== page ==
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Getting Your Vicars In A Twist

This week a vicar has been complaining about people secular funeral services. He’s particularly annoyed at people playing their favourite song at their funeral, as it leaves him quote ‘feeling like a lemon’. Ed Tomlinson of St Barnabas in Kent wrote his thoughts on his personal blog when wondering what role the church plays in modern funerals, complaining that secular-styled services leave him feeling ‘spiritually unwanted’. He said:

“The best our secularist friends can hope for is a poem from Nan combined with a saccharine message from a pop star before being popped in the oven with no hope of resurrection. In the last few years, it has become painfully obvious that many families I have conducted funerals for have no desire for any Christian content.

I am saddened to discover yet another arena of life in which the church is moved from the centre to the margins. I am equally troubled that pastoral care is being left in the hands of those whose main aim is to make money”

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Question of the Week: The cost of time travel

Suppose we’ve solved the problems of time travel. On paper, at least.  The boffins have even put together a feasible design for an actual time machine.  Should we build it?

There is one catch though.  The estimated cost is £1,000 trillion and it would take over 10 years to put together.

It would be an international effort, with the cost shared between participant nations.

Should it be done? Aren’t there better things for the world to club together and spend £1,000 trillion on? Is there even that much money in the world? If a referendum were taken – what would you vote?  Are you pro- or anti-time?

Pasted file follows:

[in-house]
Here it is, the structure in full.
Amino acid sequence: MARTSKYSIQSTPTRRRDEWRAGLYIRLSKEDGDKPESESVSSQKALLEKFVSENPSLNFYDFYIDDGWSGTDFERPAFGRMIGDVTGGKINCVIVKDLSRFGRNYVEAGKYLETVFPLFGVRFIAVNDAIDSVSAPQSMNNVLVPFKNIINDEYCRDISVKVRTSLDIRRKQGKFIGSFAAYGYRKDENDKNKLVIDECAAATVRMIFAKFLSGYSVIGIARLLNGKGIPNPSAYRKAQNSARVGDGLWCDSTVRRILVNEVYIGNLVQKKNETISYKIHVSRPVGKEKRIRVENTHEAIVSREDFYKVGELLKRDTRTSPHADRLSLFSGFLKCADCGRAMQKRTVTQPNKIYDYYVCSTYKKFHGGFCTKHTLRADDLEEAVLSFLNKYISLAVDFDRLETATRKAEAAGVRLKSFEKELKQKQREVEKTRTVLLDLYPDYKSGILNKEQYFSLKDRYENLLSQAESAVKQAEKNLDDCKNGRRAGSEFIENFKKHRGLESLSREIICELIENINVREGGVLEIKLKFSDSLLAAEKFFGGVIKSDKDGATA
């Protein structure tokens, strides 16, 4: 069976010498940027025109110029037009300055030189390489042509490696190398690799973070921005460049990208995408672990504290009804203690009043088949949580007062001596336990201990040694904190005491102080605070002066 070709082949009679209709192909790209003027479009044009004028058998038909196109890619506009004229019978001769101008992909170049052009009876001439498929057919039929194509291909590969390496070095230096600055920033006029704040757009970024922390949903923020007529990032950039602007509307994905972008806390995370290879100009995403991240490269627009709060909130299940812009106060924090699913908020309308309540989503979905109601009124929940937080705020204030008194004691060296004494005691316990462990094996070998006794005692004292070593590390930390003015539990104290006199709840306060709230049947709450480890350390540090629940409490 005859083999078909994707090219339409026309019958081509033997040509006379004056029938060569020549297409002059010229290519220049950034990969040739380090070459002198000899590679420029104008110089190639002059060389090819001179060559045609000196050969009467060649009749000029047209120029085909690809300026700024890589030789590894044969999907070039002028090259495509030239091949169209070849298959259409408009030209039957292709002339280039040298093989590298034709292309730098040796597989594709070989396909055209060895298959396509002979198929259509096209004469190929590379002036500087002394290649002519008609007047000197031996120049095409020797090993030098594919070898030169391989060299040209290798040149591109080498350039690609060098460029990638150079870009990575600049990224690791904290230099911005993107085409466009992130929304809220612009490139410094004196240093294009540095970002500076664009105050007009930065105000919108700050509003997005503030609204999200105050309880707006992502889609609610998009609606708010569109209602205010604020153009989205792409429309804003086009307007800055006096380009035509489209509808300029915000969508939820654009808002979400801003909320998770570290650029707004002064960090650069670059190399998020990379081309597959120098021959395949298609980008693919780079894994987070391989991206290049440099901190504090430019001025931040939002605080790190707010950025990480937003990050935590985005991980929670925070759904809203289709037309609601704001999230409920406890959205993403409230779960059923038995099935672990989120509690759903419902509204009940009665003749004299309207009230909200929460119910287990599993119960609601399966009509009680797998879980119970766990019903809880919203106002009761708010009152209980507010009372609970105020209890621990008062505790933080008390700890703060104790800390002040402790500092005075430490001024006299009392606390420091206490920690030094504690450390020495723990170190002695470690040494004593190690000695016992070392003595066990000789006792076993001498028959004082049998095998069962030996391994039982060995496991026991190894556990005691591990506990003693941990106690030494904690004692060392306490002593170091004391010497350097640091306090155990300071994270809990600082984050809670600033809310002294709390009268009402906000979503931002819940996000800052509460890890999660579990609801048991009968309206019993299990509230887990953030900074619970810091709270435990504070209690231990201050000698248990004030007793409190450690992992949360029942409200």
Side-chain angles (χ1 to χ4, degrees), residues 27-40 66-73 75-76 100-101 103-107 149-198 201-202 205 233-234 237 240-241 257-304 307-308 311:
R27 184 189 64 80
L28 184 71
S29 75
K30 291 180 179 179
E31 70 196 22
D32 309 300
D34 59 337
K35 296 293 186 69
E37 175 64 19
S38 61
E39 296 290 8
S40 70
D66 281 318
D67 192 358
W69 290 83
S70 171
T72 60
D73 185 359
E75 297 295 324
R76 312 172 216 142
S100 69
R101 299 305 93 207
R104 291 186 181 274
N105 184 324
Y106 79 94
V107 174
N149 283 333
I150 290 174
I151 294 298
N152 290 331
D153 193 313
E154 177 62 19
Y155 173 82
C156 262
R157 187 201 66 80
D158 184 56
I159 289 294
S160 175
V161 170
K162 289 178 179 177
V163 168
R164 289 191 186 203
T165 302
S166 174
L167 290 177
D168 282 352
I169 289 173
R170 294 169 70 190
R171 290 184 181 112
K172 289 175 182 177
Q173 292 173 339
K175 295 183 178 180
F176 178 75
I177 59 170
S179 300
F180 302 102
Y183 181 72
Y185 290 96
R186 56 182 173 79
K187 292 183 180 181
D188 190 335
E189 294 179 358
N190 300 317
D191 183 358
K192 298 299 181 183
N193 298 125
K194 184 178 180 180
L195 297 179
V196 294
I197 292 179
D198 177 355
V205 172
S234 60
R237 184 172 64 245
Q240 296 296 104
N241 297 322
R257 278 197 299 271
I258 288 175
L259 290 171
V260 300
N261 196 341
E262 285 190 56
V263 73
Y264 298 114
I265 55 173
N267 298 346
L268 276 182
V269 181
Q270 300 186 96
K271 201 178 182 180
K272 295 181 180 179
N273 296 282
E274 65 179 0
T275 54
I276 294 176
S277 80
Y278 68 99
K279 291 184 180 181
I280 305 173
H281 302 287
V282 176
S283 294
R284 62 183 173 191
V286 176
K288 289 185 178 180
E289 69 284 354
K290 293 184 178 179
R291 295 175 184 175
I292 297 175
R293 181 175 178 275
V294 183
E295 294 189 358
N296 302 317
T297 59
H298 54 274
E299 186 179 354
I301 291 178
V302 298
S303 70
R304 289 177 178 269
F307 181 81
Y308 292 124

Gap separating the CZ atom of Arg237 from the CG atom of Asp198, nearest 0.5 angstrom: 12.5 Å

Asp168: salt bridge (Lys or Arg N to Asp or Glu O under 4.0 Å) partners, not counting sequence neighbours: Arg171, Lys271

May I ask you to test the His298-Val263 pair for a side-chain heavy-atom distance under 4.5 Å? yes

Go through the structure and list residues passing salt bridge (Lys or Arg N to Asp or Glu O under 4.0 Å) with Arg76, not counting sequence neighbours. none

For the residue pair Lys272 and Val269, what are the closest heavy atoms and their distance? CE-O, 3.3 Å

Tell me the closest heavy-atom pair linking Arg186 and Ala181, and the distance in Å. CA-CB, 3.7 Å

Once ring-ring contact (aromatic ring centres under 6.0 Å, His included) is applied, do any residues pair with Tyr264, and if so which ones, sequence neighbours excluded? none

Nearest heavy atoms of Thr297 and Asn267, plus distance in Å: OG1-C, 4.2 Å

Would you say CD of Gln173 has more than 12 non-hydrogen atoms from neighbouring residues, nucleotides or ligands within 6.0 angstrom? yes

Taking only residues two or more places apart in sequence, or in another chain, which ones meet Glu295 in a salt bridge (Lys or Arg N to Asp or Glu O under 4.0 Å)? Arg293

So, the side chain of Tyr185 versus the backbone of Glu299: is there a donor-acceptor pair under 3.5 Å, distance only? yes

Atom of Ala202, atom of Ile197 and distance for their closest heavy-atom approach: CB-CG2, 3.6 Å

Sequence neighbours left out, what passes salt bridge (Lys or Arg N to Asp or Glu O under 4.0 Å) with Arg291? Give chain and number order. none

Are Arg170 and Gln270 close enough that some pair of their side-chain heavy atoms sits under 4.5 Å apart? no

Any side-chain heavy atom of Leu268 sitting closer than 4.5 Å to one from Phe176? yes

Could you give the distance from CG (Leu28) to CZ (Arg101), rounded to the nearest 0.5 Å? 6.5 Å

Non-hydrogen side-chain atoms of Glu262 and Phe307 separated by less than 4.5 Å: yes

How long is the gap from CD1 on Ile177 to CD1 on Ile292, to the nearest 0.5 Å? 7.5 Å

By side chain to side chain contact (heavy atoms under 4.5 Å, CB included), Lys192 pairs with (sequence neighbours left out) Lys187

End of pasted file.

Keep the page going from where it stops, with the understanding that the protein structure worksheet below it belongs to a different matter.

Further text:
I Must I Must Increase My Bust

In what has to be the most tabloid-pleasing news story I’ve seen in a while, as part of the BBC show Inside Out I recently featured it emerged that a North Eastern hypnotherapist and stage hypnotist is making claims at being able to help women enlarge their bra size by two cups using his special hypnosis CD. In the special investigation by the BBC team, stage entertainer David Knight claimed that by listening to his range of CDs he can help with all manner of problems – including overcoming alcoholism, improving your golf swing, attracting wealth and success, overcoming hay-fever, irritable bowel syndrome and – yes – breast enlargement.

As his website tells us:

“As you start reading this amazing report on hypnotic breast enhancement, you will discover the amazing power of the mind and how this can be used to enlarge your bust quickly, safely and totally naturally! If you have ever wished that your breasts were, larger, firmer or more attractive and beautiful in shape or touch then this information is for you. Right now you may be feeling than you wish you could increase the size of your breasts quickly and naturally without the need for expensive surgery” – Source:

He goes on in that vein, and it’s worth pointing out that in a page of around 2000 words he uses 63 exclamation marks, and only 97 full stops. Sometimes, punctuation alone can alert you to the fact that what you’re reading is bullshit. Read the rest of this entry »